In a recent Report and Recommendation, Magistrate Judge Christopher J. Burke recommended that the court grant plaintiff’s motion for summary judgment of no invalidity based on (i) non-enablement and (ii) insufficient written description for U.S. Patent No. 5,735,892 (“the ‘892 patent”), which is directed to thin-wall intraluminal graft devices. W.L. Gore & Associates, Inc. v. C.R. Bard, et al., C.A. No. 11-515-LPS-CJB (D. Del. Nov. 16, 2015).
First, Judge Burke found that defendants failed to present evidence sufficient to raise a genuine issue of fact regarding whether plaintiff failed to satisfy the enablement requirement. Id. at 17. As Judge Burke observed, “[t]he crux of the parties’ dispute with respect to enablement is whether the ‘892 patent enables the full scope of the claimed ‘tubular covering’ of ePTFE.” Id. at 8. Defendants argued that “because the covering limitation is not limited to those made from films, the ‘892 patent fails to enable the skilled artisan to practice the full scope of the claimed invention because it does not teach the use of coverings made from extruded tubes.” Id. As Judge Burke explained, however, “where a product claim does not limit a component part to the method of making (as here), it is irrelevant whether an alternative method requires undue experimentation—since . . . only one method of making the invention need be enabled.” Id. at 16. Accordingly, “[i]n circumstances like these—where a material difference has not been demonstrated in an end product made by two different methods—the method of constructing the claimed covering using extruded tubes simply amounts to an improved mode of achieving the claimed invention that need not be enabled by the patent.” Id. at 16-17.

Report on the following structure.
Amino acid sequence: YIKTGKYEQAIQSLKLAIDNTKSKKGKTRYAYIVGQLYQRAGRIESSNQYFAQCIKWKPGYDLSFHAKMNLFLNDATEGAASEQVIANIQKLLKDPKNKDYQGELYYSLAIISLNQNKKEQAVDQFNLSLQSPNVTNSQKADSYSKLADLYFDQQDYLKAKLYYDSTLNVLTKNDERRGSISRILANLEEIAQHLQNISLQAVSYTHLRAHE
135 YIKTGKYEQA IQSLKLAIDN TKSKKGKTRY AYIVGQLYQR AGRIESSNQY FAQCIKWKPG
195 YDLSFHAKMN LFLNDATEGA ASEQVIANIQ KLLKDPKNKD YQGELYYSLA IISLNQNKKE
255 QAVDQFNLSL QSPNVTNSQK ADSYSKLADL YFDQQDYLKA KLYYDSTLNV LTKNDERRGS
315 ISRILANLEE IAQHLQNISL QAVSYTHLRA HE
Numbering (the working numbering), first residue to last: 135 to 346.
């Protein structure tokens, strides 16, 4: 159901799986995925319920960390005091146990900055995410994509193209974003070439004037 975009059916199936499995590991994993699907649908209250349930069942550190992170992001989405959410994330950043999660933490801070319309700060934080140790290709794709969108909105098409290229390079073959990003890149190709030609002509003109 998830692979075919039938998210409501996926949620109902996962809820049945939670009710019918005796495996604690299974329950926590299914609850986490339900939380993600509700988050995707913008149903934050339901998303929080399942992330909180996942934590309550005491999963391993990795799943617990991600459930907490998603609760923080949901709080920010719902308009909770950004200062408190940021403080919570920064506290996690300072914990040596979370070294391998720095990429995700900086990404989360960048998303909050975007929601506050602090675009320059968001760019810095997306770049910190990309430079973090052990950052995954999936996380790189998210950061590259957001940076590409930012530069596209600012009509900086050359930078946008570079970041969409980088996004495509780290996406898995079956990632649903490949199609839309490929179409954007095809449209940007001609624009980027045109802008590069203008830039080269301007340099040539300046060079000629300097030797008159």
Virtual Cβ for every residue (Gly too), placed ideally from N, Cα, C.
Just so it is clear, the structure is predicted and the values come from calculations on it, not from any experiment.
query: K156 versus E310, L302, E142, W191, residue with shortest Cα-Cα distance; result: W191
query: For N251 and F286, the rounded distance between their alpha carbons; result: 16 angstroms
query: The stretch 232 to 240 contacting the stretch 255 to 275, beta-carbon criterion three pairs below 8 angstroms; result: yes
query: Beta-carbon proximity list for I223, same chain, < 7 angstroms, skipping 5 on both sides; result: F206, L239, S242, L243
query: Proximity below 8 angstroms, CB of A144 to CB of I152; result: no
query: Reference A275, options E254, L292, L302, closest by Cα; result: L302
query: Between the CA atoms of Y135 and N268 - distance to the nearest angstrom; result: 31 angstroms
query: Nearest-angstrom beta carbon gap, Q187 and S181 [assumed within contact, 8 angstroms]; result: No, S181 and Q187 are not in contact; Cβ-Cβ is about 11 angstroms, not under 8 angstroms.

Defendants raised a similar argument as to the written description requirement, contending that the ‘892 patent “does not convey that the inventors had possession of any embodiment of the invention that used extruded tubes to achieve the claimed device.” Id. at 18. Judge Burke found this argument failed “[f]or the same reasons that [defendants’] arguments failed with respect to enablement.” Id. at 18-19. Judge Burke thus found defendants failed to raise a genuine issue of fact as to whether plaintiff failed to satisfy the written description requirement. See id.